James Rosen disclosed Duane “Dewey” Clarridge and the Eclipse Group kept tabs on Bergdahl -- first “under sub-contract” to the DOD -- and later as a free-lancer
According to James Rosen of Fox News, “U.S. Army Sgt. Bowe Bergdahl at one point during his captivity converted to Islam, fraternized openly with his captors and declared himself a ‘mujahid,’ or warrior for Islam, according to secret documents prepared on the basis of a purported eyewitness account and obtained by Fox News. *** The reports indicate that Bergdahl's relations with his Haqqani captors morphed over time, from periods of hostility, where he was treated very much like a hostage, to periods where, as one source told Fox News, ‘he became much more of an accepted fellow’ than is popularly understood. He even reportedly was allowed to carry a gun at times.” ( See “EXCLUSIVE: Bergdahl declared jihad in captivity, secret documents show” by James Rosen, 6/5/14, Fox News [http://www.foxnews.com/politics/2014/06/05/exclusive-bergdahl-declared-jihad-secret-documents-show/]).
As part of Rosen’s lengthy report about Bergdahl’s conversion, Rosen goes into an interesting side discussion about his main source of information for the report on Bergdahl — Duane R. ("Dewey") Clarridge and “secret documents” called SITREPs. According to Rosen, the SITREPs are rich in on-the-ground detail – including the names and locations of the Haqqani commanders who ran the 200-man rotation used to guard Bergdahl – and present the most detailed view yet of what Bergdahl's life during the past five years had been like. Mr. Clarridge made the more than one dozen SITREPs prepared on the Bergdahl case -- all previously unpublished -- available to Fox News because he wanted to demonstrate, as he put it: "We know what we're talking about."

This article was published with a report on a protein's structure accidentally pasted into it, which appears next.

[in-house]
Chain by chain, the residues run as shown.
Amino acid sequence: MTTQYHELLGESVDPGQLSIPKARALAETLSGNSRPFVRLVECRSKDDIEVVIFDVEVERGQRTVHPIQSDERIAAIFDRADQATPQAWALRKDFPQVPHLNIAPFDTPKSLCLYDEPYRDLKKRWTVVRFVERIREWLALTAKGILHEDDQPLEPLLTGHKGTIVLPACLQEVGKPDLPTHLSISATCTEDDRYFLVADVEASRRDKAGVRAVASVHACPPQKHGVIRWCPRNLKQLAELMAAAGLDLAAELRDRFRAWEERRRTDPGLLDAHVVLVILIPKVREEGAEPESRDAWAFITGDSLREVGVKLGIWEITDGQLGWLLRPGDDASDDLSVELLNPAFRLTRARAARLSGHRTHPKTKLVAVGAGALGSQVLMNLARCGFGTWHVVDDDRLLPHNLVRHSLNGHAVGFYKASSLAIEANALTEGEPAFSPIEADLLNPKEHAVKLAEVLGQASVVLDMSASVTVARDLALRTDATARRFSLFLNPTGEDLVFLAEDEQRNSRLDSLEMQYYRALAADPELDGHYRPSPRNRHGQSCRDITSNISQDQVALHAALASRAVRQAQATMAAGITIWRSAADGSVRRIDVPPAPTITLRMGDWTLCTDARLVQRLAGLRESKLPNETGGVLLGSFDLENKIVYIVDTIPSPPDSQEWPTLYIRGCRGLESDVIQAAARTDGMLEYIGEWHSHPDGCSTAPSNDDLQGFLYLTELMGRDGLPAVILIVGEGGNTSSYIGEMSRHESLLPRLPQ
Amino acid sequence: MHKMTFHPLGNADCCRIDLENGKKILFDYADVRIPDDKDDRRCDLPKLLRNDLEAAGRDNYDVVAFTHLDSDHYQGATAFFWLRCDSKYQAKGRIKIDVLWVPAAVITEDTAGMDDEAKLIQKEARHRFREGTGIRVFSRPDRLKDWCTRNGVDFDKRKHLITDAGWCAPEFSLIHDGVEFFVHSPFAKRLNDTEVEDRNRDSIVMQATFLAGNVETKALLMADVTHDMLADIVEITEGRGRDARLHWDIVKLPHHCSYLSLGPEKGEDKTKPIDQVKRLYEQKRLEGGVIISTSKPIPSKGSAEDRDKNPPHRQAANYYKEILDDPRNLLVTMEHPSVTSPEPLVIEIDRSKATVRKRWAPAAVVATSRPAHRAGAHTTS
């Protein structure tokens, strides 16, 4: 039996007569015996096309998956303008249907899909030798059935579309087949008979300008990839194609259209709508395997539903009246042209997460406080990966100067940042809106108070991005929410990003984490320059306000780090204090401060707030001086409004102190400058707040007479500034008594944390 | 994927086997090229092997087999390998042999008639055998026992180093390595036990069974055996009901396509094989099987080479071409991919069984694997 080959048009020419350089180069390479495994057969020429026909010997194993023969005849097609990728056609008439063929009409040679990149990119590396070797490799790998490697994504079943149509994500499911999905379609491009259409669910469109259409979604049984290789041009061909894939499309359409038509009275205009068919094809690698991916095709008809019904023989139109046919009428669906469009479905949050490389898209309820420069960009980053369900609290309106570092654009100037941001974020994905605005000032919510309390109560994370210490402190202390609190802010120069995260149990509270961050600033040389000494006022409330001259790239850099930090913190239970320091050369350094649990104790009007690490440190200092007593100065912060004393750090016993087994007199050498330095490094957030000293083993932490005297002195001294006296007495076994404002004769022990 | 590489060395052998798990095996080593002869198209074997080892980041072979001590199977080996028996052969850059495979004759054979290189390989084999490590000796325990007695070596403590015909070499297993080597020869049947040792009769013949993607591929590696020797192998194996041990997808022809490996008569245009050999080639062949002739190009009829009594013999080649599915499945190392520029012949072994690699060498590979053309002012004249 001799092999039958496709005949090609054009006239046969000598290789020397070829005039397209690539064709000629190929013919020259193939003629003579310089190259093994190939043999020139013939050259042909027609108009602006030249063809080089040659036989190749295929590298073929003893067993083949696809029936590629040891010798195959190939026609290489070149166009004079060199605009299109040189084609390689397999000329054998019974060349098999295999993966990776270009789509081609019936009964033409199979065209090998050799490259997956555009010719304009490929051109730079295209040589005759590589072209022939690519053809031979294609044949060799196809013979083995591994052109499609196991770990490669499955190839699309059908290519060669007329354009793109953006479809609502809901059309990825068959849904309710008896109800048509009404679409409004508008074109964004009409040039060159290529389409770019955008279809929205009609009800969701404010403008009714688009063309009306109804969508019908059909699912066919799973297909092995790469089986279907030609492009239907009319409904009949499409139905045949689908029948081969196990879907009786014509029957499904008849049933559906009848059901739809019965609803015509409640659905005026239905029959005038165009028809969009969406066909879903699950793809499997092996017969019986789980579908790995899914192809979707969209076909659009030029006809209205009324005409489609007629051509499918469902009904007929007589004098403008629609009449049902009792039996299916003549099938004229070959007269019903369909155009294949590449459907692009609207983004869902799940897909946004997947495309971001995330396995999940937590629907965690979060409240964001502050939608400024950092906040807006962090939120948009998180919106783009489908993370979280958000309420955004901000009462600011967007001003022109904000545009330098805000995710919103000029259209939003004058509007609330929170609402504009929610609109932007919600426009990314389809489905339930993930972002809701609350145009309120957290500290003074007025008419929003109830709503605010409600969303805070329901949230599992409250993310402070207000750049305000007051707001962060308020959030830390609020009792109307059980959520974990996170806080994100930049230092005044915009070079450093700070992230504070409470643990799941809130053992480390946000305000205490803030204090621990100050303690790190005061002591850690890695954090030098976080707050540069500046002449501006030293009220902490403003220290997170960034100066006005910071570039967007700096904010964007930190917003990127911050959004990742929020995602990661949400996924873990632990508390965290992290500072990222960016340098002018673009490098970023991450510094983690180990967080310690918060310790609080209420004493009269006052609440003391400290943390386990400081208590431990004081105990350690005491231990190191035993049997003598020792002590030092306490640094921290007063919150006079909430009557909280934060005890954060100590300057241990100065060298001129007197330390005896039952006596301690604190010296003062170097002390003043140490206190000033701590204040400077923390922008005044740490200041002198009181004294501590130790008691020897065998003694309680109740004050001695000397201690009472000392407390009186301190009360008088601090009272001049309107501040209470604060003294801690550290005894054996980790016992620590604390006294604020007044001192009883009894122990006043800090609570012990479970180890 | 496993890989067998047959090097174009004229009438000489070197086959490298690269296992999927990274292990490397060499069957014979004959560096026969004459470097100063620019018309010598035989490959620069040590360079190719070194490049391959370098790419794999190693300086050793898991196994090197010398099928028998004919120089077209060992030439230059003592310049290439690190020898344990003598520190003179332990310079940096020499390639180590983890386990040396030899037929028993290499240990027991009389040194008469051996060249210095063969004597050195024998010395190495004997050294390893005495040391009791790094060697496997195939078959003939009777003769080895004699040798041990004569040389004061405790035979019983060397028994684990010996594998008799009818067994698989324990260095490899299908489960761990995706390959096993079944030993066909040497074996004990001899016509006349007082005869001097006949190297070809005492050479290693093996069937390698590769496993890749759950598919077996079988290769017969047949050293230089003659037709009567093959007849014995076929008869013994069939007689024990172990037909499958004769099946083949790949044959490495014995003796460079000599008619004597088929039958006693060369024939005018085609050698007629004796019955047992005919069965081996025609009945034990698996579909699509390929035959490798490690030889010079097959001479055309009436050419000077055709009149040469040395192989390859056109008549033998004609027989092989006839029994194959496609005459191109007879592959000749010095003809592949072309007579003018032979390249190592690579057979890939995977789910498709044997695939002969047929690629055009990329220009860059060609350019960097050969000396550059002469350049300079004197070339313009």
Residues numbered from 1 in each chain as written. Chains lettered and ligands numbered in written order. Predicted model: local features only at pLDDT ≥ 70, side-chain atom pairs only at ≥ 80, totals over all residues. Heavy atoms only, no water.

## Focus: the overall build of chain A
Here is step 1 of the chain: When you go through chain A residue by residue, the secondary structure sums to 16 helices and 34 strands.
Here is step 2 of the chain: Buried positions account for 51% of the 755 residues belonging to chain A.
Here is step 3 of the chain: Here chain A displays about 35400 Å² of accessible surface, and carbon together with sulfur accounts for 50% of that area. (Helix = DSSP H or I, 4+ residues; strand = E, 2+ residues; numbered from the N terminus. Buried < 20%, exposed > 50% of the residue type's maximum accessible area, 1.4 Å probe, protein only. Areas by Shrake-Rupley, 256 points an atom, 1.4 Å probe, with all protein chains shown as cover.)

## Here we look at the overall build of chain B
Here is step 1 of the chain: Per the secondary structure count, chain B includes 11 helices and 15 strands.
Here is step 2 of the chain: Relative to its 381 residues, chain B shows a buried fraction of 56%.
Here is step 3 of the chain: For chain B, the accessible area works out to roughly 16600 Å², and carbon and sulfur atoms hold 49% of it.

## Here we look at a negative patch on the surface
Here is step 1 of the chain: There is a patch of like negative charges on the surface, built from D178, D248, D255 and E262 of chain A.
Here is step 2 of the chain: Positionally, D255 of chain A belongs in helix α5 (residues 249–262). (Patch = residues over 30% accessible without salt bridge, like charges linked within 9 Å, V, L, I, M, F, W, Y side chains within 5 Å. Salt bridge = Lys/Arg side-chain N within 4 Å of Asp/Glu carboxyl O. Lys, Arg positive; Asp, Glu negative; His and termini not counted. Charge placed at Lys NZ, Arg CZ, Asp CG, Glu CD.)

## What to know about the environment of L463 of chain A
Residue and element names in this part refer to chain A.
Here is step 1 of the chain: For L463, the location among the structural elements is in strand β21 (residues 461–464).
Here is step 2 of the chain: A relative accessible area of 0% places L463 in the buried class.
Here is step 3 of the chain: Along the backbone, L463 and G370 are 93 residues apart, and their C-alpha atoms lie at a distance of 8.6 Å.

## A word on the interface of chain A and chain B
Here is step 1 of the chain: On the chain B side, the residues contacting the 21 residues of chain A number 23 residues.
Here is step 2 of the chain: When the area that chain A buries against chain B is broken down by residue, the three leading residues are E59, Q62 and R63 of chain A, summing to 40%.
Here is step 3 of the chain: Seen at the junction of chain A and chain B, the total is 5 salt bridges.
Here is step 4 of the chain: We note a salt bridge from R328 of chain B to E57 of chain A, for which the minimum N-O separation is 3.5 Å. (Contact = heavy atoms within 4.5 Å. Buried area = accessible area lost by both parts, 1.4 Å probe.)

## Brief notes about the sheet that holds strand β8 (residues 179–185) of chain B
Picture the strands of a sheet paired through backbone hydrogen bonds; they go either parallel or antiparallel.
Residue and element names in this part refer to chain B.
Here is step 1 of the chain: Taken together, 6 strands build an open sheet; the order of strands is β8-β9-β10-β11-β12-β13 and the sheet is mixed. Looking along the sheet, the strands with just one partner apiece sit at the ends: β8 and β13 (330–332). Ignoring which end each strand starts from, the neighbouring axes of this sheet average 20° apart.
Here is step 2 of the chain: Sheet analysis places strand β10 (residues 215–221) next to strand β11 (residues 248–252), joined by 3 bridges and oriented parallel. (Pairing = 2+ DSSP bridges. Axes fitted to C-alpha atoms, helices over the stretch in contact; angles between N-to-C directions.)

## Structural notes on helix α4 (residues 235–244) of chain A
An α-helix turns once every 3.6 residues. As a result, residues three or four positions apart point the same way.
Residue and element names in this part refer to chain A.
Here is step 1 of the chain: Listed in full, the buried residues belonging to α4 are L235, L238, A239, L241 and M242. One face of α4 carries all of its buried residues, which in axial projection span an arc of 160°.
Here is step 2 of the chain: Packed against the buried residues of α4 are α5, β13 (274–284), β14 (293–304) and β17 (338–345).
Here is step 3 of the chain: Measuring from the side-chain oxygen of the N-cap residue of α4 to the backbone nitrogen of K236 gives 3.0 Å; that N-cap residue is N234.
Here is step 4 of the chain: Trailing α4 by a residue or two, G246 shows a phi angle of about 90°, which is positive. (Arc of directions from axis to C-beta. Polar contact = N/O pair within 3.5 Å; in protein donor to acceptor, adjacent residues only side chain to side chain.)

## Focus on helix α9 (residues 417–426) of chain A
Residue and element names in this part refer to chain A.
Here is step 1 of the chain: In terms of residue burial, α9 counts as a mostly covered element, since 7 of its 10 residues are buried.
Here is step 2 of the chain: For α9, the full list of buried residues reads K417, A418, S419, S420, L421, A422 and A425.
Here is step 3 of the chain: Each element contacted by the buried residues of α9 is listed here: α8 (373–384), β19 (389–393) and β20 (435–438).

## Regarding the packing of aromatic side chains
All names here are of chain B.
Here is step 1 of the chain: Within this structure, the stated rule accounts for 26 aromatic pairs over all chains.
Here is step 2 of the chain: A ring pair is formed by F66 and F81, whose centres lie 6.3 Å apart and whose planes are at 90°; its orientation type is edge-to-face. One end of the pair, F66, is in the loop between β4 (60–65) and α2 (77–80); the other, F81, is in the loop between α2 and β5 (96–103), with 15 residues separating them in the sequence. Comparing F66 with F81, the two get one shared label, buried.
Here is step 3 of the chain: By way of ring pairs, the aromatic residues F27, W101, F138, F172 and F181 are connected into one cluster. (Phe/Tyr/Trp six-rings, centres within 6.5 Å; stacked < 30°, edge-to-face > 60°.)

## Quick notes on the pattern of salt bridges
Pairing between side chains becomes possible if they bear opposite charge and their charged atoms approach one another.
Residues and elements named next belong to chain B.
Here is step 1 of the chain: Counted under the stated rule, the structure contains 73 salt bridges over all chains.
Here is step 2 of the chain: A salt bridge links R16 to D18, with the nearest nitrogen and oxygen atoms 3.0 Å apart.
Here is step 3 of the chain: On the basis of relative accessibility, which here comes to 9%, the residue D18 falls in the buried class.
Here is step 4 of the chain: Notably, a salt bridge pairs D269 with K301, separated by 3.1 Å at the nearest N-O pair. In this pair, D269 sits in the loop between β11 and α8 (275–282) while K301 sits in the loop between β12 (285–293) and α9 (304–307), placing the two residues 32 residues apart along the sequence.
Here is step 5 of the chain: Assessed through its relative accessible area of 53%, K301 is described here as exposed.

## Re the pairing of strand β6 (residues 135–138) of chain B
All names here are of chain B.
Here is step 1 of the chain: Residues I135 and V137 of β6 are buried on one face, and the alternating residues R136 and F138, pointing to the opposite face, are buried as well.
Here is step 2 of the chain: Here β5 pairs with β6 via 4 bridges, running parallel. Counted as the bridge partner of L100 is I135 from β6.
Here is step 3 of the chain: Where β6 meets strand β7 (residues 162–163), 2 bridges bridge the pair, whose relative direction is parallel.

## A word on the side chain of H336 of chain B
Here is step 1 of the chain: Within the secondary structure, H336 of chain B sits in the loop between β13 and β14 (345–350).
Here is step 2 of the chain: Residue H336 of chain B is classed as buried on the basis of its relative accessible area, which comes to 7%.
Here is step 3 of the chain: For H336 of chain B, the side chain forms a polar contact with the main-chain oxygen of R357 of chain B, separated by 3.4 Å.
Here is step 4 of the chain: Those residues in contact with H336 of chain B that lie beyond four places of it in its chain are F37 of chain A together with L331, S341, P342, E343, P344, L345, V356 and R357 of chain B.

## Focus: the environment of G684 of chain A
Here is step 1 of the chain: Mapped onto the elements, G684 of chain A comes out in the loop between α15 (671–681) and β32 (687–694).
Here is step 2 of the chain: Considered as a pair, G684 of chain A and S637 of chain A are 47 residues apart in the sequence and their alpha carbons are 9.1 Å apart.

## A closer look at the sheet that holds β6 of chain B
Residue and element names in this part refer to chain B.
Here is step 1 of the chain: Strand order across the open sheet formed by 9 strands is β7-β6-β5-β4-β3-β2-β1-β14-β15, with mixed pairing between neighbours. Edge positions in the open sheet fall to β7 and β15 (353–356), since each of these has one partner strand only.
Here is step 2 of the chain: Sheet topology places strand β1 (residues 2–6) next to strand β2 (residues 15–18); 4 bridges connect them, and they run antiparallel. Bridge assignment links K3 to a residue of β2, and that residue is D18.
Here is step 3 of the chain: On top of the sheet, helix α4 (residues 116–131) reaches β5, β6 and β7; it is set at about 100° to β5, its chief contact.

Rosen then said, “These real-time dispatches were generated by the Eclipse Group, a shadowy private firm of former intelligence officers and operatives that has subcontracted with the Defense Department and prominent corporations to deliver granular intelligence on terrorist activities and other security-related topics, often from challenging environments in far-flung corners of the globe.”
Clarridge reportedly told Fox News that his group had been on a subcontract through the assistant Secretary of Defense for Special Operations and Low-Intensity Conflict from November 2009 through May 31, 2010; and that after that contract had been terminated, Clarridge invested some $50,000 of his own money to maintain the elaborate network of informants and handlers that had yielded such detailed accounts of Bergdahl's status.
The Eclipse Group is run by Clarridge, who is a former senior operations officer for the Central Intelligence Agency in the 1980s, and who is known to have been indicted for lying to Congress about his role in the tangled set of events that became known as the Iran-Contra scandal. While on trial for those charges in December 1992, he was pardoned by the outgoing President, George H.W. Bush.
Clarridge counts a number of positive achievements in his spy career, including a prominent role in the establishment of a national counterrorism center at CIA, a move widely copied around the world by foreign intelligence agencies. A New York Times profile of Clarridge published in January 2011 included a description of the contractual relationship that Eclipse had with the Pentagon, through subcontractors; and the Times specifically reported that Clarridge's activities had included efforts to help find Bergdahl. In that profile, the New York Times described Clarridge’s agents' dispatches as “an amalgam of fact, rumor, analysis and uncorroborated reports.”
Rosen’s report is rich on names and dates as to the who, what and where Clarridge was sending his Eclipse Group's SITREPs. Anybody wanting to look at one “man behind the curtain” in a significant part of the growing Bergdahl-Taliban swap scandal should look at Rosen’s article for that insight alone.